By Keith Brice
The time value of money states that a dollar today is more valuable than a dollar tomorrow. Fixed Ops managers live in the present. Their focus and sense of urgency are on the current month and, because a portion of their monthly income comes from the gross or net they generate, they want to close as many repair orders as possible.
More hours are turned, and more repair orders are closed when repair decisions are made while the car is racked.
Approval time determines whether the work your team is performing flows smoothly forward or creates snags and delays. Approval time risk can create workflow bottlenecks in a service department, especially where no clearly defined workflow processes are in place.
We see similar delays in the manual reconditioning function, where techs typically submit the inspection and estimate and then remove the vehicle from its stall to wait for the repair approval. They get started on another car and, too often, the cycle repeats.
What works better? Using work items in the automated reconditioning software for estimate approval. Depending on the system, this keeps everything in ONE central record — notes, vehicle images, estimates, safety recall, website photos, and other information and costs. This action alone speeds approvals, as critical information for the decision is immediately at hand.
Lagging approvals are an avoidable frustration for your fixed operations. Delay erodes internal labor efficiency, and, eventually, sales margin and sales opportunities are lost when these vehicles aren’t ready to sell. Consider these facts:
So, why is it so hard to get fast approvals? When I was a service manager, getting responsive action on approval requests was a significant bottleneck. Reasons that slowed down a quick response included being unable to:
Approvers are rarely at their desks. They’re at the auction, on the lot appraising vehicles, in the showroom negotiating a deal, or away at lunch or on vacation. Mobile inspection apps can help bridge this location gap.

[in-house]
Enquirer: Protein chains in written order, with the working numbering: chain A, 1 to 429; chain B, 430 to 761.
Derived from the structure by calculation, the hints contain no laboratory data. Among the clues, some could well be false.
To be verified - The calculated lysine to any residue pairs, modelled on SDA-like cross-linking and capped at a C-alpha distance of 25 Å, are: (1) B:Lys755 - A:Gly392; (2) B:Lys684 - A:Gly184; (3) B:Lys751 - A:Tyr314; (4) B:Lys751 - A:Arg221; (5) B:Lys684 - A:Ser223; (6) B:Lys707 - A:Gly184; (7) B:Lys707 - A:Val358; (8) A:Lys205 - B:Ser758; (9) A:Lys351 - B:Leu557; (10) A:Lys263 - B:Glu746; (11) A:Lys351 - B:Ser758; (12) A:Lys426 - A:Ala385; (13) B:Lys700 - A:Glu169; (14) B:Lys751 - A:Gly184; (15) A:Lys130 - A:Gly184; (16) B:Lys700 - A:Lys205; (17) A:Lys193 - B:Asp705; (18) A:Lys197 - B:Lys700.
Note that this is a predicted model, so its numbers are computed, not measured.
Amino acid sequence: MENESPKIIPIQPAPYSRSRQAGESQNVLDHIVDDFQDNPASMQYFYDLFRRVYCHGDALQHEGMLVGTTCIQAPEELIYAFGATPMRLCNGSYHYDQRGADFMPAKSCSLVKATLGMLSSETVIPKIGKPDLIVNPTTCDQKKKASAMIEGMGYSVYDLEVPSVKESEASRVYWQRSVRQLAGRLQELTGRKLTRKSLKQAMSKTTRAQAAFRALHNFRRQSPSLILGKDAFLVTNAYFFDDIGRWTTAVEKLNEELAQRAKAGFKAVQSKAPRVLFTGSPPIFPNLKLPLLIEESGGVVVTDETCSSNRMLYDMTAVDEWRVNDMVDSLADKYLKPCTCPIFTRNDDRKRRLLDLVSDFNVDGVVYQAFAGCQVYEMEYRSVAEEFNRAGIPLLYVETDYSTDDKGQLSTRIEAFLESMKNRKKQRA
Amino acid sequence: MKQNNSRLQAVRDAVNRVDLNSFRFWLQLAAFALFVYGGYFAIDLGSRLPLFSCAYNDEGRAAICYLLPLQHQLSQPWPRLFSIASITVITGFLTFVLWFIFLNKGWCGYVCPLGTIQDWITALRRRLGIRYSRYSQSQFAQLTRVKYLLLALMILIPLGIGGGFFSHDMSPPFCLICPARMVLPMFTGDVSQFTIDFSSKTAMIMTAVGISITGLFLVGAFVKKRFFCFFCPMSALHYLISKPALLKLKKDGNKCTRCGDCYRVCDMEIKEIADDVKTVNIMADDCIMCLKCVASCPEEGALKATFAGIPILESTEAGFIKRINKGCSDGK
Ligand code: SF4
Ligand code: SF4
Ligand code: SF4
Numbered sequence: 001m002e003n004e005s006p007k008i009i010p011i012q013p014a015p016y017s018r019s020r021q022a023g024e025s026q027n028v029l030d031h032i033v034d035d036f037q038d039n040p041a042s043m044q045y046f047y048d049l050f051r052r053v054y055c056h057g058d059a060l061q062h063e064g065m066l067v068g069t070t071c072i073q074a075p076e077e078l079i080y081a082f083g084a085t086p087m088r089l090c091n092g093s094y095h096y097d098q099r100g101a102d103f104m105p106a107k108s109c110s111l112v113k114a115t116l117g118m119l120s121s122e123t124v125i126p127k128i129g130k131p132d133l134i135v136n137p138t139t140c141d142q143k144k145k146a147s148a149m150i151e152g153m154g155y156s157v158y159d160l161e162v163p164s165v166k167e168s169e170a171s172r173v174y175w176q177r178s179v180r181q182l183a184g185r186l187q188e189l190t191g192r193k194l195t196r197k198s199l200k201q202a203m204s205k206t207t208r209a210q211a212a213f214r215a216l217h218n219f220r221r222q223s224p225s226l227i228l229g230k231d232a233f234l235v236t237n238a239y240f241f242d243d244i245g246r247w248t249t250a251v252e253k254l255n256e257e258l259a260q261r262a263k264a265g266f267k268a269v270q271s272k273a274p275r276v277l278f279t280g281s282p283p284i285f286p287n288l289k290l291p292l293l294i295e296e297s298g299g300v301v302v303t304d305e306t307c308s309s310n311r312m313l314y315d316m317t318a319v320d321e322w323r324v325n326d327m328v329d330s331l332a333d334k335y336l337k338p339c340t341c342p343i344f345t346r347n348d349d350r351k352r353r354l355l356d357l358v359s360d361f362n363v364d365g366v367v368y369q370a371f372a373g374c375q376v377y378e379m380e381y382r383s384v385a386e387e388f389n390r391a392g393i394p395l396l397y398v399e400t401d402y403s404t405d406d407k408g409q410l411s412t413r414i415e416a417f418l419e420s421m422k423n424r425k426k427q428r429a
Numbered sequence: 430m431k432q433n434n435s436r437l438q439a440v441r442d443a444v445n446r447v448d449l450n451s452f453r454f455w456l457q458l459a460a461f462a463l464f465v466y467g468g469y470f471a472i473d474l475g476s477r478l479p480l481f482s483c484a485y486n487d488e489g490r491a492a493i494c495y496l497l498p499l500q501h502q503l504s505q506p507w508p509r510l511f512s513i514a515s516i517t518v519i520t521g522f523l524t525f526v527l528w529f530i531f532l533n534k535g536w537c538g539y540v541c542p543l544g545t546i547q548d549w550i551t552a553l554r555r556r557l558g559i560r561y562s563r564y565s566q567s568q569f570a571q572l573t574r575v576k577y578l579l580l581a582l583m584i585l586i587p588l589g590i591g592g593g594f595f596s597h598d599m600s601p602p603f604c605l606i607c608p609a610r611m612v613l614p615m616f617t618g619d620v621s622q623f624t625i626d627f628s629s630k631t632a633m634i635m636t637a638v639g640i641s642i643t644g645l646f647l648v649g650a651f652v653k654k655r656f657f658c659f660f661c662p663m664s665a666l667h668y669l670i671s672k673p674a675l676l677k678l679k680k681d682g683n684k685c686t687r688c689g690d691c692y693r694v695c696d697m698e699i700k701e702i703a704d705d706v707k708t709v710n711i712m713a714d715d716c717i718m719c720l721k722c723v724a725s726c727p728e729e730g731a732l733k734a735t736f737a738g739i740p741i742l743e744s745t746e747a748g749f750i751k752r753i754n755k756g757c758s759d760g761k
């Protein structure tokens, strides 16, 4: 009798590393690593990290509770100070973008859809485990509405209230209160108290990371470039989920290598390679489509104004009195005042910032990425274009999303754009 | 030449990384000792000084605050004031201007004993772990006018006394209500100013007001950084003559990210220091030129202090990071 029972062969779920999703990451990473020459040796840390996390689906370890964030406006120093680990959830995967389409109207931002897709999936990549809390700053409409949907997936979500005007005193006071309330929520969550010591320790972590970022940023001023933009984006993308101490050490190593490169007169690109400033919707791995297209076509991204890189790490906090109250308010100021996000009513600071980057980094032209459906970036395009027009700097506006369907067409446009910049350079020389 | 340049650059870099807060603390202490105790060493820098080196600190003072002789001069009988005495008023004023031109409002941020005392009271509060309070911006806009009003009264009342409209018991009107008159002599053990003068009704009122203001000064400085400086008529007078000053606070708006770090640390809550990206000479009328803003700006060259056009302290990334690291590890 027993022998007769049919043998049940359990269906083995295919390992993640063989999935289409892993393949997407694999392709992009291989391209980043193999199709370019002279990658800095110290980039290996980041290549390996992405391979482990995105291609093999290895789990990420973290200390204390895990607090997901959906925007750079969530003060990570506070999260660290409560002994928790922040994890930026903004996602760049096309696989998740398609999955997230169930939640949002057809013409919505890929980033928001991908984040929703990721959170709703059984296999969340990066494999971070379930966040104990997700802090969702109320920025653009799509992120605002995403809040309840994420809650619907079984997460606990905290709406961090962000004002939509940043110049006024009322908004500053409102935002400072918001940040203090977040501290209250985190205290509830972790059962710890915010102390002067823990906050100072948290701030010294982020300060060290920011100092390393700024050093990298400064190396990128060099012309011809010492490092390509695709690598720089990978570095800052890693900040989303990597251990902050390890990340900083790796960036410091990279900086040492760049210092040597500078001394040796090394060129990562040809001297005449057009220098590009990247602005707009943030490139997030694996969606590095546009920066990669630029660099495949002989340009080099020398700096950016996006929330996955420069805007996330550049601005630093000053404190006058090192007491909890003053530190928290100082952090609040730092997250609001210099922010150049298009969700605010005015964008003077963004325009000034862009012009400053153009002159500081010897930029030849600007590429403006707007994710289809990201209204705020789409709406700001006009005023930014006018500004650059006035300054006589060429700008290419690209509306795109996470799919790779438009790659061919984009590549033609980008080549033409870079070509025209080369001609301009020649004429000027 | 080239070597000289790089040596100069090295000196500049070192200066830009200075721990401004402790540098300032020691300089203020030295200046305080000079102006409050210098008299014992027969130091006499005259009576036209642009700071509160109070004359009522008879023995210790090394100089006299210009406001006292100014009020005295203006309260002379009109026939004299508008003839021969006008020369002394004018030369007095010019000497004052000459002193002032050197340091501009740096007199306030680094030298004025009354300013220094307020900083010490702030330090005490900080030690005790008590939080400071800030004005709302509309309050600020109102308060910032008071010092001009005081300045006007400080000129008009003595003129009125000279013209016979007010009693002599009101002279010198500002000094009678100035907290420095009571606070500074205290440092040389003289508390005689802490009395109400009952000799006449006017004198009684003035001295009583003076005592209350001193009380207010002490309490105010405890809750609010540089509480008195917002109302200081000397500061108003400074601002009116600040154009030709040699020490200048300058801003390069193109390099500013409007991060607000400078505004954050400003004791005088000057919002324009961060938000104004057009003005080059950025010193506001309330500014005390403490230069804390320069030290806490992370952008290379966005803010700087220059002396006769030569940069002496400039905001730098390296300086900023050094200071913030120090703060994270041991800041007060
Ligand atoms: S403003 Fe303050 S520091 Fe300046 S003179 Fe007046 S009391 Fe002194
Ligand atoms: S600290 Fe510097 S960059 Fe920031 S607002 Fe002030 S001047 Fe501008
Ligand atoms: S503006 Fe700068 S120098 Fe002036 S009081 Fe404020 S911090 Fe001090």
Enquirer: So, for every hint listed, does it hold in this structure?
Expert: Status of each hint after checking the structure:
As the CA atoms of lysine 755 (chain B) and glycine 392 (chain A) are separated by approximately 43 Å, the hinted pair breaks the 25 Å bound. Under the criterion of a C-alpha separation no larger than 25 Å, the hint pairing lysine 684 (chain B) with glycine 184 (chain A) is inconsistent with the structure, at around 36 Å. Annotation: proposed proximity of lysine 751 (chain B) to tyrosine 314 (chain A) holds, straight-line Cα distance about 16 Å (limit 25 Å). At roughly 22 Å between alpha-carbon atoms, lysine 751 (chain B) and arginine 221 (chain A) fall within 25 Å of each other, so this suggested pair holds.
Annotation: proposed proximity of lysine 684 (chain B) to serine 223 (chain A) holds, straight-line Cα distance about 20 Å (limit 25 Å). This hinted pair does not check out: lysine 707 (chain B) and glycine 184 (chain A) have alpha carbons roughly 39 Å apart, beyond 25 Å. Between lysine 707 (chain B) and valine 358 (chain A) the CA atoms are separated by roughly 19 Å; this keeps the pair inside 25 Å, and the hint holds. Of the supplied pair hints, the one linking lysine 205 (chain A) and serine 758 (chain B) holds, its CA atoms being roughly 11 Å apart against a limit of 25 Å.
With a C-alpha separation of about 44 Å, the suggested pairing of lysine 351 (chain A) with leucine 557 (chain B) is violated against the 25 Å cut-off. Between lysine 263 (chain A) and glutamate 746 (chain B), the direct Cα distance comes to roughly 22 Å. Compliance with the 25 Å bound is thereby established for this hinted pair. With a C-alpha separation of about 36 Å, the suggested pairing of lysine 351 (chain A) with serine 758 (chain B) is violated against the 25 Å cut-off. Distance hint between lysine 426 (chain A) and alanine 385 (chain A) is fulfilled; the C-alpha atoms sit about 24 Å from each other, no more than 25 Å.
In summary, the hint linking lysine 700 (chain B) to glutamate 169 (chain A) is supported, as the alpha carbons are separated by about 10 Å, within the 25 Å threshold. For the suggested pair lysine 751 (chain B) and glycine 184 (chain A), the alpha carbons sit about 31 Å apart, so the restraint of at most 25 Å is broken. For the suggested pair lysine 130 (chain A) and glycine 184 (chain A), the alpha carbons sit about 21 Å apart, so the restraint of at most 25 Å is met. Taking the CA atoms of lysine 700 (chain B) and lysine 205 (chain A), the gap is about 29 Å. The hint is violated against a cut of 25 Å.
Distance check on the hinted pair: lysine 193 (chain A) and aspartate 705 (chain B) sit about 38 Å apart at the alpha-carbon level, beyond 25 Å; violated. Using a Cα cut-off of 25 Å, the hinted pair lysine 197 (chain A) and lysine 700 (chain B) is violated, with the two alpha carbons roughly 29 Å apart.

In my experience, the approver can approve/decline or ask questions within minutes, if not seconds, from receiving the push notification on their mobile phone. The message can include the entire vehicle record — including estimates, notes, supporting photos, and NHTSA safety recalls, if applicable. It can also include pictures of tire wear or oil pan seepage to help the approver better evaluate the situation without a physical visit to the tech’s bay.
The more information the tech can add to the vehicle record using such a tool, the better. The goal is to keep the vehicle in the stall or on the lift, continuously moving the work forward — never backward.
The financial consequences of delay are staggering. Every month, I would look at an open repair order report and see how much gross profit my department could not recognize because a used vehicle was not completed. And not only that financial impact, but the delay in getting that vehicle sale- or delivery-ready constantly eroded the gross profit realized on its sale.
Some such decisioning tools feature real-time reconditioning costs per vehicle. Now, a service director can see repair items approved or disapproved, as well as how those decisions are trending. A study of declined brake work, for example, may point to a pricing issue.
The used car department is Fixed Ops’ best customer. If too many brake repairs are disallowed, perhaps it’s time to investigate your sourcing, prices or both.
Keith Brice is Director of New Business Development for reconditioning software company Rapid Recon. Before joining the software company in 2016, he spent 30 years in automotive retail, as Comptroller and in fixed operations for Texas dealerships.